Destructive Nature of Compiler Optimizations

This is something that occurred to me while I was researching something else and I thought people might be interested in it. kind of a short essay / demonstration of awesome things that happen when abstract programming languages intersect with "rubber on the road" running code... Consider the following two functions:

void copyBytes(char *dst, char *src, size_t len) {
    if( len == 0 ) {
        return;
    } else {
        *dst = *src;
        return copyBytes(++dst, ++src, --len);
    }
}
void copyBytes2(char * dst, char *src, size_t len) {
    size_t copied = len;
    char *d = dst;
    char *s = src;

    while( copied > 0 ) {
        *d = *s;
        d++;
        s++;
        copied--;
    }

    return;
}

The question is, what do these functions do? Consider them for a few minutes before continuing (please).

So, they both pretty obviously copy memory. copyBytes performs the copy recursively, while copyBytes2 performs it iteratively. So, lets think about "what do these functions do" in terms of side effects.

Both result in "len" bytes from "src" moving to "dst". Simple enough, case closed, right? They're the same! Wait a minute though, copyBytes works recursively, this means that an additional side effect is for every byte copied, the stack pointer is decremented enough to create a new frame. Stack space is a limited resource, so, if you were copying a lot of data, copyBytes has the potential to exhaust stack space, resulting in the termination of that thread.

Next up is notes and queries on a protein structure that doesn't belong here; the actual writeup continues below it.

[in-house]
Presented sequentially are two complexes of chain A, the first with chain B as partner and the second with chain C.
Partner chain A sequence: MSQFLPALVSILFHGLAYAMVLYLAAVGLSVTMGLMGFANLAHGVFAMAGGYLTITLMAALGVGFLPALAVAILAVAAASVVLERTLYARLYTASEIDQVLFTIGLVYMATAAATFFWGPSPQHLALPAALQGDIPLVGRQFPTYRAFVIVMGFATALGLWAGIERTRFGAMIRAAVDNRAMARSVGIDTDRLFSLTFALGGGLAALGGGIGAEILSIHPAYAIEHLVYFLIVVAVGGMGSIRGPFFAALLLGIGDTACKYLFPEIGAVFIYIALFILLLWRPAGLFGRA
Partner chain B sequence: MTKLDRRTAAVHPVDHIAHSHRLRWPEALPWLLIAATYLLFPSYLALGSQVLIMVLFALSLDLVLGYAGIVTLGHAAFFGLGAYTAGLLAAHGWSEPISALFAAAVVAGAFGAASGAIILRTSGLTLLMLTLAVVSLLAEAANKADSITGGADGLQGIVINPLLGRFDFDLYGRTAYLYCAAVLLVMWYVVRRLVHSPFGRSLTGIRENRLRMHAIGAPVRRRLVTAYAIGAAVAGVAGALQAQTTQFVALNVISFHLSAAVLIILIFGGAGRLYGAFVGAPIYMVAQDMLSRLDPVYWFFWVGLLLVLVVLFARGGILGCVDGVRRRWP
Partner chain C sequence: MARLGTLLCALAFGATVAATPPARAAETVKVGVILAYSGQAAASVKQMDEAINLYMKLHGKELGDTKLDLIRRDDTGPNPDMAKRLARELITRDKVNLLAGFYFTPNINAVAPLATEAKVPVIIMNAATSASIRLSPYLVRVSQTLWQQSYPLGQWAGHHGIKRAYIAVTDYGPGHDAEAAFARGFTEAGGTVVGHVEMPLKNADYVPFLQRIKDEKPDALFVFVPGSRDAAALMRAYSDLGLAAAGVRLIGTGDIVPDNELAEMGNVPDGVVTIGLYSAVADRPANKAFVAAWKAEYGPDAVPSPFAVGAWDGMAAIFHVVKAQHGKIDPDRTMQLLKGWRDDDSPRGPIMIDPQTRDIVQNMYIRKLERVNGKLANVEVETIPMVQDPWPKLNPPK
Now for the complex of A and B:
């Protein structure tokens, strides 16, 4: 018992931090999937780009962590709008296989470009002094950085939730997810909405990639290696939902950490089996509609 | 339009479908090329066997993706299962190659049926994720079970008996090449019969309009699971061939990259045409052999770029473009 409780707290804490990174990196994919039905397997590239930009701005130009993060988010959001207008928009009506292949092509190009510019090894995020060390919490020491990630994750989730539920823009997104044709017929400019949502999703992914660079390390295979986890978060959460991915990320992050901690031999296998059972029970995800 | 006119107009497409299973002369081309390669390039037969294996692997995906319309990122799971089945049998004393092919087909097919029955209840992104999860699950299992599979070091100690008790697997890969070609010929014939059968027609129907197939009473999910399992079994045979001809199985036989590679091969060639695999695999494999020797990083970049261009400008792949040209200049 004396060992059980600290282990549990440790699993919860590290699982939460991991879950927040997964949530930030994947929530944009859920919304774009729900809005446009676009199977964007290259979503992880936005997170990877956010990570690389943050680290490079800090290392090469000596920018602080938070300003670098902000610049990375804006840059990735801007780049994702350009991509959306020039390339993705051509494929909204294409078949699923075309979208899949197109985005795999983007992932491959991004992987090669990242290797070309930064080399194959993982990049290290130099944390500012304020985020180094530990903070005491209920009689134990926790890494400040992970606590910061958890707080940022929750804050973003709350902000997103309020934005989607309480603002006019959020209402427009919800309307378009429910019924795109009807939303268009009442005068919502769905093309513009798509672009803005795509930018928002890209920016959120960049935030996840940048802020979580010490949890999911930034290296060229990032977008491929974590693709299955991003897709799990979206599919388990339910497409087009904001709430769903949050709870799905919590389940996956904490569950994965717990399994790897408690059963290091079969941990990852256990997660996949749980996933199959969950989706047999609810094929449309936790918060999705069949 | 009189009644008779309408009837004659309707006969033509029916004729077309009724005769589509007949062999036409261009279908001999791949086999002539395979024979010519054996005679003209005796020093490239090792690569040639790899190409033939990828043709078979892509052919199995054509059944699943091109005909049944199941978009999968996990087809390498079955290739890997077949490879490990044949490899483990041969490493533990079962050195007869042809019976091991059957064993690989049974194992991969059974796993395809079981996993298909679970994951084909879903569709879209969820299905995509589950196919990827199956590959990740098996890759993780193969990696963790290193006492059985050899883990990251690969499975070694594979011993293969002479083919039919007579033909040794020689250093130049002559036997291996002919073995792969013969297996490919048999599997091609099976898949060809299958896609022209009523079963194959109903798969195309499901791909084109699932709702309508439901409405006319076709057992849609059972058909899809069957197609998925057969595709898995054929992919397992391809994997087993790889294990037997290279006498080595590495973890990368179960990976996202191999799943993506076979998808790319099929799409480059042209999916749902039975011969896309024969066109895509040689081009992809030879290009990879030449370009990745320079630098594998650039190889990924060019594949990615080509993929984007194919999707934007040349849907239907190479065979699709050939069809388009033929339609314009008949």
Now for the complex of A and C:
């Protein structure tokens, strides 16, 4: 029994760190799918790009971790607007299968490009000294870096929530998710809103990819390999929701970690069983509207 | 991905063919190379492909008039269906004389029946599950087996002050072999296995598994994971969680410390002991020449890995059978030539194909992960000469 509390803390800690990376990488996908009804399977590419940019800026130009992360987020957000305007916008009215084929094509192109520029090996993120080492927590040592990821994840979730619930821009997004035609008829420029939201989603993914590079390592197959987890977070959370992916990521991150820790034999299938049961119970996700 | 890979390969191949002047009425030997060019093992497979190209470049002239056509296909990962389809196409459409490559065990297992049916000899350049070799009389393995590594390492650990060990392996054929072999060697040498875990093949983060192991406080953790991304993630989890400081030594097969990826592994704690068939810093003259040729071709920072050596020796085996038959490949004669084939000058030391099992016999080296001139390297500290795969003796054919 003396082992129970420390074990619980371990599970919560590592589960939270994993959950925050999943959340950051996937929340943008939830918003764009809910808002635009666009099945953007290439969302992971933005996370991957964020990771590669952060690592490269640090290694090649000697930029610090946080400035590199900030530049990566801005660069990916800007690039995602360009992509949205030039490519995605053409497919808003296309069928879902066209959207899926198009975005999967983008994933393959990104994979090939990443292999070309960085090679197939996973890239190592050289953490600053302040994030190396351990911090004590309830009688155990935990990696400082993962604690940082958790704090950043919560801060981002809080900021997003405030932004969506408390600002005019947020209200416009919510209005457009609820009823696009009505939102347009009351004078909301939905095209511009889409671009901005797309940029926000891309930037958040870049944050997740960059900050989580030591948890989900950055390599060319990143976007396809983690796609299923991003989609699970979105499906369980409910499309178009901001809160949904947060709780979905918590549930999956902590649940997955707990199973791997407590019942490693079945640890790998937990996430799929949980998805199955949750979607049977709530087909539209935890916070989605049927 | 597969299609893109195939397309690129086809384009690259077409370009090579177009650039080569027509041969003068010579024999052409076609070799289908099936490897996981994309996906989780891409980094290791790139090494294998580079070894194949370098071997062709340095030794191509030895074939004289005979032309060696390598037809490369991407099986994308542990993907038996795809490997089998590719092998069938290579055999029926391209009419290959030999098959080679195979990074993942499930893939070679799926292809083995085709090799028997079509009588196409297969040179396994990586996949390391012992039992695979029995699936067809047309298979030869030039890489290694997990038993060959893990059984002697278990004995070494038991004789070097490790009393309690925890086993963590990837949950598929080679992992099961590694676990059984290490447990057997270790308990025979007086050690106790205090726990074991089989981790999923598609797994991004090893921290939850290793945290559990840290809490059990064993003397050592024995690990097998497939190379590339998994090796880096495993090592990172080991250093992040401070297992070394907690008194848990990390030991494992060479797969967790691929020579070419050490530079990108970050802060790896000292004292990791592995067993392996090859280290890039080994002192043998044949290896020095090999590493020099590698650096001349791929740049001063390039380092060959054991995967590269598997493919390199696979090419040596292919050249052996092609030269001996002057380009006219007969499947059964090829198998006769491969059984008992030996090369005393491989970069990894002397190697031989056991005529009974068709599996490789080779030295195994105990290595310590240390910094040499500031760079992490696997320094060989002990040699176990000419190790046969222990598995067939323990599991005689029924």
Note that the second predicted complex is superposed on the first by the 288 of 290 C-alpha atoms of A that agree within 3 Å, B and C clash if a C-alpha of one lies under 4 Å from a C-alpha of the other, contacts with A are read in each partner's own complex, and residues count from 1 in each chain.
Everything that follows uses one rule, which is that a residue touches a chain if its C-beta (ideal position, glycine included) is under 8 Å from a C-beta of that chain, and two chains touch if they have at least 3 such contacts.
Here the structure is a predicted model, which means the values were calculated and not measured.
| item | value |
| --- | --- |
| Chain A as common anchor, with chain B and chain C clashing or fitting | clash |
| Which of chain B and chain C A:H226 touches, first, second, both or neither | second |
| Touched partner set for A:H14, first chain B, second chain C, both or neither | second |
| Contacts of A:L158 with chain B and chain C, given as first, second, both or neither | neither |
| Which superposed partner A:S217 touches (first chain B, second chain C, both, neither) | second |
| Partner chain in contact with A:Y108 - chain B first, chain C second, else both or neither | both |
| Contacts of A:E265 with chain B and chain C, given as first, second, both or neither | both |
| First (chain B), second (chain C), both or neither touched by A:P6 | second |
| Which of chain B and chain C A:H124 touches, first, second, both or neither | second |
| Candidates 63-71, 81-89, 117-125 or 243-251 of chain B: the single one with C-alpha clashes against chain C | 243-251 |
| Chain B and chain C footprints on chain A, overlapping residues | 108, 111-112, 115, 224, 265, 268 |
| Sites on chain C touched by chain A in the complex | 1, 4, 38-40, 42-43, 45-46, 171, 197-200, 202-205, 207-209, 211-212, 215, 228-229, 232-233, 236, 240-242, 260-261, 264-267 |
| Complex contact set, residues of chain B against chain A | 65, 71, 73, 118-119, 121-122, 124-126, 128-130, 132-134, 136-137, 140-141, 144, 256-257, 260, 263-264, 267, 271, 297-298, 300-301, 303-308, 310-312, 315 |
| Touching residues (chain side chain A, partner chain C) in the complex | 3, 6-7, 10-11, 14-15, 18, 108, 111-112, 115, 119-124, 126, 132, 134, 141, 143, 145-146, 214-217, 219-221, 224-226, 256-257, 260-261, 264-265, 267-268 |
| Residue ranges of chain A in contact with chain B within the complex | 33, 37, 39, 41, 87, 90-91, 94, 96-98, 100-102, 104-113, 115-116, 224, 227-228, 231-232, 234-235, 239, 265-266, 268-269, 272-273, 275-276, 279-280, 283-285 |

So, they're not the same?

Alright, compile it, test it, wait a minute, they are both capable of copying for large values of "len". Whats up?

So lets feed these 2 functions to LLVM, on two different optimization levels, to REALLY dig into this:

copyBytes with no opts:

copyBytes2 with no opts:

copyBytes with -O1 LLVM opts:

copyBytes2 with -O1 LLVM opts:

(LLVM IR is documented here: http://www.llvm.org/docs/LangRef.html but this is short enough and non-weird enough that a lot of it should be pretty clear on its own)

So with no opts, copyBytes demonstrates the recursive behavior we expect. When we look at the IR for the "slightly" optimized version, we see the optimized has recognized how to optimize tail-call recursion into iterative logic, and that the resulting iterative logic is in fact EXACTLY the same as the source code that is explicitly iterative. The kind of interesting thing is that you can line up the two LLVM IR control flow graphs for the optimized functions and prove they are the same by comparing their side effects. The order, width, and count of loads and stores are identical.

So ... what controls whether or not these two functions express different behavior? Compiler optimization levels. So... people who audit source code... what exactly are you auditing? Usually, people are auditing what the compiled code will ACTUALLY DO and not really the code as written, because you really care about what the code actually does. This tells us, pretty conclusively, that to understand what code does you also have to have a very clear understanding of how it is compiled and what goes into its compilation.

So ... everyone who is (or was) focused on automated ways to verify C code ... have fun! When you're evaluating the sanity of some code, you're talking about something more meta-level than C...